If possible ARSE will move your old folder to its new location automatically,
though it will err on the side of caution, and you may have to move your scripts
over by hand.

ARSE now only performs only one commit per operation, so if a dozen scripts all 
needa "commit" command, ARSE performs it only once, at the end. saves 1.8 
seconds per script.


1.7

Incorporated some stuff I learned making the installer.

Added a list menu of available scripts. Now you can select any number of scripts to 
run. There's also an "all" button, which unsurprisingly, runs all available scripts.

Added "clear" and "toggle" controls, for rapid scripts selection.

Changed the ini file name from "router.ini" to "arse.ini", as it now holds non-router 
prefs. old ini files will be renamed automatically, at least for the next few 
versions, they will.

Window size and position is now saved (in arse.ini) and restored on launch.

ARSE won't ask for login details if an ini file exists, you did that already.

Added an "edit login details" button, should you wish to change the details later.

When multiple scripts are being processed, a reboot command is stored and sent only 
at the end of the sequence, rather than "when it comes", which caused multiple 
selections to only get partly sent. This would be a bug-fix if I hadn't fixed it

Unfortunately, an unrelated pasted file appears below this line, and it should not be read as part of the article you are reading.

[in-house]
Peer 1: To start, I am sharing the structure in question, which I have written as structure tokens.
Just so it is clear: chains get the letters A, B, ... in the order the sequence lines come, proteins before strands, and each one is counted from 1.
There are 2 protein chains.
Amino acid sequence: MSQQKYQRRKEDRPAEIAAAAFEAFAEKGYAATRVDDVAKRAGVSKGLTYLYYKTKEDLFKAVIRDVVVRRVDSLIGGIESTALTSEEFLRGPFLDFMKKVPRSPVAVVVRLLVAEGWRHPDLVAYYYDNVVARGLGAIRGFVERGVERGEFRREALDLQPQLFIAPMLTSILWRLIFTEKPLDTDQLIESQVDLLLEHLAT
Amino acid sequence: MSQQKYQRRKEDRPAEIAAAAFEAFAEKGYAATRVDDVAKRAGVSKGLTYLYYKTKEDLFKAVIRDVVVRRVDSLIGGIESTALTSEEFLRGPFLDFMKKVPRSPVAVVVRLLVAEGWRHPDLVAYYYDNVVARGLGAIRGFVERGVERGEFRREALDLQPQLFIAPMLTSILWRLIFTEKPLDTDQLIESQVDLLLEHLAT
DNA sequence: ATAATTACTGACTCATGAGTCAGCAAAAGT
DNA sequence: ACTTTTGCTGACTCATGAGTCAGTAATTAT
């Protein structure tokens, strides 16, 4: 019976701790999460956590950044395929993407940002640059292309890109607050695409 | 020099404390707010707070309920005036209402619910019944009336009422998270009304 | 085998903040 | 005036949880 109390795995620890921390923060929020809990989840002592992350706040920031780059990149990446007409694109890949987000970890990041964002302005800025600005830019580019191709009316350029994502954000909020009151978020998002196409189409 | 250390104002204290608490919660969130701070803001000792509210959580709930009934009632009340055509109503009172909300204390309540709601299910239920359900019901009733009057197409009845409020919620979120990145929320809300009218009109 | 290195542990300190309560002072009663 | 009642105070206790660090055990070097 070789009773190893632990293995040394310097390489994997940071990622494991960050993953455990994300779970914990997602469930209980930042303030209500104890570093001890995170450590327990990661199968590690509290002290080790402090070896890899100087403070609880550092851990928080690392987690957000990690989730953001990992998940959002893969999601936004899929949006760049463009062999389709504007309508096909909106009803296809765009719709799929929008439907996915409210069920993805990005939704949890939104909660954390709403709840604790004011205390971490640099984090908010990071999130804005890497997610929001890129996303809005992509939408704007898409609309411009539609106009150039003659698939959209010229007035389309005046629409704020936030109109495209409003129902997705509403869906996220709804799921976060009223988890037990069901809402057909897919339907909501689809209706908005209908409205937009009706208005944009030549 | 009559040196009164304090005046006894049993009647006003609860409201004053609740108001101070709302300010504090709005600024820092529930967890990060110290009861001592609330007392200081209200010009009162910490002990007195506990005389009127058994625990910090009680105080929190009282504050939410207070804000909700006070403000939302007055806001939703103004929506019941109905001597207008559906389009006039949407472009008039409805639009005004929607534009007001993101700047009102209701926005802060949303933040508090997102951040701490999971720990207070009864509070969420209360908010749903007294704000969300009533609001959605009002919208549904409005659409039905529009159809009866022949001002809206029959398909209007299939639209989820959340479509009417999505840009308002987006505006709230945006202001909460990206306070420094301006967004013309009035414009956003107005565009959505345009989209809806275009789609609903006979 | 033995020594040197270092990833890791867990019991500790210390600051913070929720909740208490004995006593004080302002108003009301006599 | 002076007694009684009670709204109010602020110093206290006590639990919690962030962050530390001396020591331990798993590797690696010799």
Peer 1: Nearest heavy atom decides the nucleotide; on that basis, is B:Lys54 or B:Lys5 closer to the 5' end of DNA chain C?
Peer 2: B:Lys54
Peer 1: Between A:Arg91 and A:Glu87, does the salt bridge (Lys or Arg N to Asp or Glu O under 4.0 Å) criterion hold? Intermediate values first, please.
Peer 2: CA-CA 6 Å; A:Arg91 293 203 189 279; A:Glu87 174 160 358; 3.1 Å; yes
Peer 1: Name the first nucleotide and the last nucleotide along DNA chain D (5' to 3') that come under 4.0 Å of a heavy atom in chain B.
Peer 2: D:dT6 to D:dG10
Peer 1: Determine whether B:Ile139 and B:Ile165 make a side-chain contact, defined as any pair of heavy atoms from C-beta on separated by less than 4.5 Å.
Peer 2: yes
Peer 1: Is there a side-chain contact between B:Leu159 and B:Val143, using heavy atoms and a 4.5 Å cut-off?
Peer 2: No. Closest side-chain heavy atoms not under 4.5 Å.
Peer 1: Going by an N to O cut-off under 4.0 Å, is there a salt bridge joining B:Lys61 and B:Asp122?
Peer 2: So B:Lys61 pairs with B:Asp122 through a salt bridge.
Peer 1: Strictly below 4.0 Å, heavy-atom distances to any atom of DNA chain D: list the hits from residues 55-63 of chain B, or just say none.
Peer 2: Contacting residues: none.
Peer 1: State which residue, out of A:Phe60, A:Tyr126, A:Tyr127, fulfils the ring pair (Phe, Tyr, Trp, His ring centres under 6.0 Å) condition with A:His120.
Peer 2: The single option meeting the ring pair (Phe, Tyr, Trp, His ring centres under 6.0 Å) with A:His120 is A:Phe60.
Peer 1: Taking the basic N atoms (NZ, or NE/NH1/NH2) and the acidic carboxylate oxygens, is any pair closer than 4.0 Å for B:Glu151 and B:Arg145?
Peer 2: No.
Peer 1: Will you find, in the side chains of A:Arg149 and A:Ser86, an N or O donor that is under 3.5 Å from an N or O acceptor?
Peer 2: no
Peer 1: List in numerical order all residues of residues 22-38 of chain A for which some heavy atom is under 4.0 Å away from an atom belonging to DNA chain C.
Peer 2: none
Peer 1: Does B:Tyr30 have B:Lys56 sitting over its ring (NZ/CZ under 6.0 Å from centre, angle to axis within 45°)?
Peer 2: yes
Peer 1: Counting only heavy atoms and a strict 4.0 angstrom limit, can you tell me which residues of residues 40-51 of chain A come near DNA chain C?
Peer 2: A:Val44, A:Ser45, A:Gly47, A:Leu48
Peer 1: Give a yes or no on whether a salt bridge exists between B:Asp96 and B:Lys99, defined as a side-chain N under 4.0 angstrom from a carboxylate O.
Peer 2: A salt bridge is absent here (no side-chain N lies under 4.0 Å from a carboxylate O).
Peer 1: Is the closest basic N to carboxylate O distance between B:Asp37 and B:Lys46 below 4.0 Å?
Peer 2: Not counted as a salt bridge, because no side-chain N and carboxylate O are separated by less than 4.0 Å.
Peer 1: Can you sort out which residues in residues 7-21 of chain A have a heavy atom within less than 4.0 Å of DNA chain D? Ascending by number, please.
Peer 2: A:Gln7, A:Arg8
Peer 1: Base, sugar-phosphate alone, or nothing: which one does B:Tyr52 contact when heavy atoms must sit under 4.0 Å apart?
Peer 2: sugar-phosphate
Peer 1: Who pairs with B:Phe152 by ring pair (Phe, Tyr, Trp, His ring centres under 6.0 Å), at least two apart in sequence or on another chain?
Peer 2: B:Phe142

before I even encountered it.

Fixed a few minor bugs.


1.6.5
minor tweaks and adjustments, compiler directives, etc.

1.6.4 
Added a HotKey (Esc) that you can use to exit Arse at any time.

Improved name resolution handling.

1.6.3
ARSE will now resolve host "names", so if you have a local host name for your router
(mine is called "router") you can use that in the address field.

ARSE will now recognize a "reboot" command in a script, and warn the user of the 
impending reboot, as well as giving them the chance to cancel it, if they really must 
(important transfer in progress, perhaps).

Removed the old one-time reboot warning (no need now).

Some GUI and progress bar improvements.

1.6.2..
You can now enable "progress directives" inside your scripts. These look exactly
like ini section header..

[I am a progress directive]

Simply, when Arse finds one of these, it will use the text within for the current
progress message, so if you have a long script with many sections, you can keep
the user informed about which section of the script is currently being excecuted.

Here's an example..

	[disable UPnP]
	; disable nasty UPnP..
	modify upnp cfg  nbstatus disable 

Don't overdo these because a) if there are too many, they will flash before the 
users' eyes too quickly to read, and b) they are classed as *real* lines when 
calculating the progress bar, so it would become (albeit only slightly) inaccurate.

See inside "Basic-Voyager-205-setup.arse" for more examples.

note:	Arse no longer performs "commit" at the end of the run. If you want your
		rules to be permanent, add "commit" to the end of your script.

1.6..
Arse now accepts scripts on the command line. In other words..

	a)	you can drag-and-drop script files onto rah.exe (or a shortcut